countries, including those with such entrenched social protection systems as Denmark and the Netherlands. 26 Theorists in turn have used the idea of social exclusion to advocate an approach to social justice that sees increased labour-market participation as the key to equal citizenship, in the face of mass long-term unemployment, and the emergence of a significant ‘underclass’ of ‘welfare dependents’. 27 As Anthony Giddens puts it: ‘the new politics

in Political concepts
Open Access (free)
Tony Fitzpatrick

. Feminist researchers nearly always praise social democracies, though they also acknowledge the incompleteness of the social democratic record. Plantenga et al. (1999) note that the Netherlands idealises the equal sharing of time between waged and unwaged work and between men and women. However, although women’s labour market participation has increased, there has been no corresponding increase in men’s care participation and so women are still the secondary earners in a ‘one-and-a-halfearner’ model (Lewis, 2001). The Dutch system salutes part-time employment as the means

in After the new social democracy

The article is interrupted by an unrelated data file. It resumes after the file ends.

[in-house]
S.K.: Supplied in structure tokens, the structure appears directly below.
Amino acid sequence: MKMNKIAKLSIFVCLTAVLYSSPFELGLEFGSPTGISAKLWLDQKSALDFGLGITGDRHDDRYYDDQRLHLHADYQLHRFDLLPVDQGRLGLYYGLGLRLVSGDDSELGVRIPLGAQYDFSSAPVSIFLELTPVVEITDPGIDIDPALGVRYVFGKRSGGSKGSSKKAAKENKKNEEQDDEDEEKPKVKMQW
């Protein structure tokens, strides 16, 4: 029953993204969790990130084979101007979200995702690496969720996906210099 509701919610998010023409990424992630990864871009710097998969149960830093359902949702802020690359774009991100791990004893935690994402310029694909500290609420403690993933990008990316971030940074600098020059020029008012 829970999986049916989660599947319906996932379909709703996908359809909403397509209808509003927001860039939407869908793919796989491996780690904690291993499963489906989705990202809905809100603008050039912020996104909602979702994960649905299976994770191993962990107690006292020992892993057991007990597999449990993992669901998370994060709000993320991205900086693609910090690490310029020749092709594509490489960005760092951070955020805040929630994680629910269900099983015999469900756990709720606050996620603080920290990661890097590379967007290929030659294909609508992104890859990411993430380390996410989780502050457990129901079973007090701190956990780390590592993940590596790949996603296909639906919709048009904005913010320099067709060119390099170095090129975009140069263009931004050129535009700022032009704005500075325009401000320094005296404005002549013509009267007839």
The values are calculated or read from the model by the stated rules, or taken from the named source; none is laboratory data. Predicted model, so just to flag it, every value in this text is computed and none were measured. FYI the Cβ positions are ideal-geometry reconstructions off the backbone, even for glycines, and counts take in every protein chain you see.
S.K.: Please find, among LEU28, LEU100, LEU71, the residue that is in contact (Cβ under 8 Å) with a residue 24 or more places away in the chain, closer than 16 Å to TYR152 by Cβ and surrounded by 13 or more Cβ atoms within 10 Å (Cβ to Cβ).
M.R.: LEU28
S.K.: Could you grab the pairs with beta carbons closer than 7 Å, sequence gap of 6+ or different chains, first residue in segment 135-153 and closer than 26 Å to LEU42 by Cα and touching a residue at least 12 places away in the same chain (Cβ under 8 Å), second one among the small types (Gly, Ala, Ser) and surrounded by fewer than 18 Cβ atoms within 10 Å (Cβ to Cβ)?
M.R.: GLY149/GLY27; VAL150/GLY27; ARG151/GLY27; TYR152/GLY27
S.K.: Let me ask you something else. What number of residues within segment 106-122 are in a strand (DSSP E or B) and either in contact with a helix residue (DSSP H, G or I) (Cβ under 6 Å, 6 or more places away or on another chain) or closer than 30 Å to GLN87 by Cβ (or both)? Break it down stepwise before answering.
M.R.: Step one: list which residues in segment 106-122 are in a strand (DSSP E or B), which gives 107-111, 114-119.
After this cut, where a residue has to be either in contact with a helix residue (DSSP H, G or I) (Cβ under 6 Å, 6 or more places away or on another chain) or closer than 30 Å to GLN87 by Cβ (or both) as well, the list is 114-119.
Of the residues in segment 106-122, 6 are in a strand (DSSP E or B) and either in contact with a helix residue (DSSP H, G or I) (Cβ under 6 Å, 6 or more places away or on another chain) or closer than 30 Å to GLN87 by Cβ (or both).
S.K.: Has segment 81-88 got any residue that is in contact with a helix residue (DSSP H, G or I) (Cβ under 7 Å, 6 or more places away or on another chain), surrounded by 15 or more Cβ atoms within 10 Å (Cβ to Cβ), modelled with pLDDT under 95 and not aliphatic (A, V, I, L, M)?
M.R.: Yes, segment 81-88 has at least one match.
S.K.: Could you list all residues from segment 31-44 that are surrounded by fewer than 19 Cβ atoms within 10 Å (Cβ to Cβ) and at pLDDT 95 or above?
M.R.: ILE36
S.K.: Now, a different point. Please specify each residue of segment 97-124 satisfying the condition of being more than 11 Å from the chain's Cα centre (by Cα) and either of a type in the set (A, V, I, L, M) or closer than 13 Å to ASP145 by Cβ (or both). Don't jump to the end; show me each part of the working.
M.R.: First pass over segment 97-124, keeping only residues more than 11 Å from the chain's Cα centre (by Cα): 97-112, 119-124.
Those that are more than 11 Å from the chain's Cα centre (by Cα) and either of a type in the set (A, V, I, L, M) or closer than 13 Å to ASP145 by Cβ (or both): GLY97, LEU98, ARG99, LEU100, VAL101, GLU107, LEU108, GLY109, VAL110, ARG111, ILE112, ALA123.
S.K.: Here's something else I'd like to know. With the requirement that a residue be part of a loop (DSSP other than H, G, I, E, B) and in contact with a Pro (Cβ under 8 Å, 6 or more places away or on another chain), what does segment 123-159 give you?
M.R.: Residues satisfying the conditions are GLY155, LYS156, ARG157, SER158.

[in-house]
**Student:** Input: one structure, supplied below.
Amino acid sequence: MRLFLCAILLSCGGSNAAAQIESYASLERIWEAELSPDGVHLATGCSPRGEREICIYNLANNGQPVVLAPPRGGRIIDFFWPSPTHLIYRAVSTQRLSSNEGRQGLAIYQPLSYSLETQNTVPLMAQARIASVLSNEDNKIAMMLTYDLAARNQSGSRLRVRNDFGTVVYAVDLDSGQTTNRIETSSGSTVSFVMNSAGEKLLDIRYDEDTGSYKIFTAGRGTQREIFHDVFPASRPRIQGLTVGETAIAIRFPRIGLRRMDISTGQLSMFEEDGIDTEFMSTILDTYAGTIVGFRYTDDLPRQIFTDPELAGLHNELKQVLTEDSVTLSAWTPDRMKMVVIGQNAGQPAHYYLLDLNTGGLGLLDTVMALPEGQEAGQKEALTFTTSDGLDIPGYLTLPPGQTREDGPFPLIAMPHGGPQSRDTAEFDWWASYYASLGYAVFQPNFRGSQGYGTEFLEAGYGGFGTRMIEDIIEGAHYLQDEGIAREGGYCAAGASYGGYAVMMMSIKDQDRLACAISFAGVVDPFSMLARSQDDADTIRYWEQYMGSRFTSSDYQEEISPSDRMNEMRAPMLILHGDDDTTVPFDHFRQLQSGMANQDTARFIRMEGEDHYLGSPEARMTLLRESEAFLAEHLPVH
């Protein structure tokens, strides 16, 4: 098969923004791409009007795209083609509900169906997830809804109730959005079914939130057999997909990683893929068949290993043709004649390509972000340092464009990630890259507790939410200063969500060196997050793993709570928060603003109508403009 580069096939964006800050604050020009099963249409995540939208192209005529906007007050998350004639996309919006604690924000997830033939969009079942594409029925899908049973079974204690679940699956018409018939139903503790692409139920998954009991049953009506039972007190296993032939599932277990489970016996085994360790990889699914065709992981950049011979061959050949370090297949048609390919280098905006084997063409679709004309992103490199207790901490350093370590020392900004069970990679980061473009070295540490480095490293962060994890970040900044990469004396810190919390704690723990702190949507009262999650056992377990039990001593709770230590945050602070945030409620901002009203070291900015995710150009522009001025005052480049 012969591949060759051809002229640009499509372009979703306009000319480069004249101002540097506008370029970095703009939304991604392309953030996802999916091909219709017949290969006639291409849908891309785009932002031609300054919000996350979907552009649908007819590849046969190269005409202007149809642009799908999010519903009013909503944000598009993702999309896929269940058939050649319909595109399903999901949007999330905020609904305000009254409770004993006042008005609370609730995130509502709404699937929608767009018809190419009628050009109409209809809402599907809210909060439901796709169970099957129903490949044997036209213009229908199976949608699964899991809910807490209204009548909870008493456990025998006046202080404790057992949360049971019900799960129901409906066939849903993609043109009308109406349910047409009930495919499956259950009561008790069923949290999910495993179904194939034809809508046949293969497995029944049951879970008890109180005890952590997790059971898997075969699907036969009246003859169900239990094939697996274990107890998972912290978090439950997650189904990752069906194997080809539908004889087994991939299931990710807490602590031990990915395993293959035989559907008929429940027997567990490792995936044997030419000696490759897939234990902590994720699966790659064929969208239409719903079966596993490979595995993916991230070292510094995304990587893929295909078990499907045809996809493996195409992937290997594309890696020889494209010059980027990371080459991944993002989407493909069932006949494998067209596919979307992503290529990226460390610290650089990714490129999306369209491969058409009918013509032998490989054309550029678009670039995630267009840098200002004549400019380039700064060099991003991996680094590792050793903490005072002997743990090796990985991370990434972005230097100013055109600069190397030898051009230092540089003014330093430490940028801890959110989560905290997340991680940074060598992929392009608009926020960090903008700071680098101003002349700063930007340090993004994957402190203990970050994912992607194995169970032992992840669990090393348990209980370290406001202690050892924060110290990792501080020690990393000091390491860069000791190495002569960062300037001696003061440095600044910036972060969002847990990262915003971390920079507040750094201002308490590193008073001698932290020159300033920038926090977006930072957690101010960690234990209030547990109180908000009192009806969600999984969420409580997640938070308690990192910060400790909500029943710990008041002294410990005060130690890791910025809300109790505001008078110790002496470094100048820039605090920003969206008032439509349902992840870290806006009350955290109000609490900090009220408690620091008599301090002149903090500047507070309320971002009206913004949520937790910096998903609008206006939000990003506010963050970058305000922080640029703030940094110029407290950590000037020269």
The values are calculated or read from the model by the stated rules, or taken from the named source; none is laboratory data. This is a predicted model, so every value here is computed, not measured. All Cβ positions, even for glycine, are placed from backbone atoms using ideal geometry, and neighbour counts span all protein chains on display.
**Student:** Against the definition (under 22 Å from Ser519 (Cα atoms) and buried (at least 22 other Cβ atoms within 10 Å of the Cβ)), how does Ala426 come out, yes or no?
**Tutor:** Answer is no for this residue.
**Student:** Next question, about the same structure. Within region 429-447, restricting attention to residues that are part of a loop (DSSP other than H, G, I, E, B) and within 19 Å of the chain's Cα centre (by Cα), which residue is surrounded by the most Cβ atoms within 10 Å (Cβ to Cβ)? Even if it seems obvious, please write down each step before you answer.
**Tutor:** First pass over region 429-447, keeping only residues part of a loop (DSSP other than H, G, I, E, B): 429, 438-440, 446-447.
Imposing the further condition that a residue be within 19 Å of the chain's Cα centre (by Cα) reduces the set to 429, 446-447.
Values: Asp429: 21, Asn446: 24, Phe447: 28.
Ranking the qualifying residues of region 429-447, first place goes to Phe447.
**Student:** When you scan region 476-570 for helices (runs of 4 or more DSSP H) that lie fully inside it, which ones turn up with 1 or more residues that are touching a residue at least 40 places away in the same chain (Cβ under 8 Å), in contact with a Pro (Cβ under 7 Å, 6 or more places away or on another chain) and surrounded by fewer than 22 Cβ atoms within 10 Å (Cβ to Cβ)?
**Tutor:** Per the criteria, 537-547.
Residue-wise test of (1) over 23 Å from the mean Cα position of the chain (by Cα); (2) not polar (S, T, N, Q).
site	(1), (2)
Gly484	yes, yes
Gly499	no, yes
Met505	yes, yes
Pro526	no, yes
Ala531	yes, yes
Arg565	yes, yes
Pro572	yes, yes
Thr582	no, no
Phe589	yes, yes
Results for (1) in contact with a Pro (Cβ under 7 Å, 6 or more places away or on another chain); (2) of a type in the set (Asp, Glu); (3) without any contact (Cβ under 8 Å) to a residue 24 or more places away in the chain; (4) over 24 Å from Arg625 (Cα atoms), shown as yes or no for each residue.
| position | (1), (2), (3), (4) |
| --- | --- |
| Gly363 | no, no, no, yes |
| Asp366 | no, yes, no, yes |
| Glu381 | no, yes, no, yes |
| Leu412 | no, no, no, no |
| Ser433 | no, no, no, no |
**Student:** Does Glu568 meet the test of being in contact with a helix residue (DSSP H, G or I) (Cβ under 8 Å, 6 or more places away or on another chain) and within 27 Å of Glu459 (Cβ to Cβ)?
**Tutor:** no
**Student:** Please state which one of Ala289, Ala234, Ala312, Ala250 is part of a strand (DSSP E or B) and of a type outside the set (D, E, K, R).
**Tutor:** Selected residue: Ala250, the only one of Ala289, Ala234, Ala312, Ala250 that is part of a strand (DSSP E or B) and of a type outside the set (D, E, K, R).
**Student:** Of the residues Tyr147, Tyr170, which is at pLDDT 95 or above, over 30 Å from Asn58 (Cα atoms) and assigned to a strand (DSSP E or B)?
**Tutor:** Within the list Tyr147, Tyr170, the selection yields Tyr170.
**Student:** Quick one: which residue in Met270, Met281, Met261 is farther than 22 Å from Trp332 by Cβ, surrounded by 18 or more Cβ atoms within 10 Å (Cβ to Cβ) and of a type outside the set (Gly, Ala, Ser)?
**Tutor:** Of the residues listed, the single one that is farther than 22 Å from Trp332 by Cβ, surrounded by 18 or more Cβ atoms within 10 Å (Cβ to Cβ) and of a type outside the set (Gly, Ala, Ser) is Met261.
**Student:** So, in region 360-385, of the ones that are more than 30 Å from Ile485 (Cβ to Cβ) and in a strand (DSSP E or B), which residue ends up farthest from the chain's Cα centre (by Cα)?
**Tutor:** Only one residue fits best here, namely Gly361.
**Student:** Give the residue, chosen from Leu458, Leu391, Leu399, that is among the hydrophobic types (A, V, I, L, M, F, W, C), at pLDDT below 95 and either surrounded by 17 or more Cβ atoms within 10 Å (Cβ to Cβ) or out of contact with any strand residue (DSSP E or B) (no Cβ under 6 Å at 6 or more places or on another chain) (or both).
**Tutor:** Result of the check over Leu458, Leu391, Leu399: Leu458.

Sinéad Kennedy

made up forty-one per cent of part-time female workers.10 The majority of these part-time jobs are regular rather than occasional and can, thus, arguably be seen as part of the restructuring of the labour force and capitalism’s increasing need for a flexible and cheap workforce. Irish women’s participation in the labour force is still below the EU average, especially if we consider parental rather than marital status.11 Ireland has the lowest level of labour market participation in Europe among women with children under five years of age. In the Irish Republic, as

in The end of Irish history?
Open Access (free)
Tony Fitzpatrick

, contains no notion that rights are foundational, is individualistic in that rights are duties are thought always to correlate at the level of the individual (necessitating labour market participation in most cases) and is specific in the sense that reciprocity is thought to follow the contractualist, rationalist logic of cost–benefit analysis. By contrast, a theory of diverse reciprocity (1) cannot be separated from the background conditions of social justice or injustice, i.e. fair reciprocity demands material equality rather than simply the inclusion of unequals; (2

in After the new social democracy
A blessing or a curse for the employment of female university graduates?
Fang Lee Cooke

same time grappling with obstructing social problems and possible solutions. Notes 1 Informal employment includes, for example, agency employment, temporary employment, fixed-term employment, causal employment and self-employment. 2 The important role of family institutions in social reproduction and in facilitating the labour market participation of women with childcare responsibilities has been well recognised in the western context (c.f. Bosch et al., 2009 on the interrelationships between employment regimes and welfare regimes, including family systems

in Making work more equal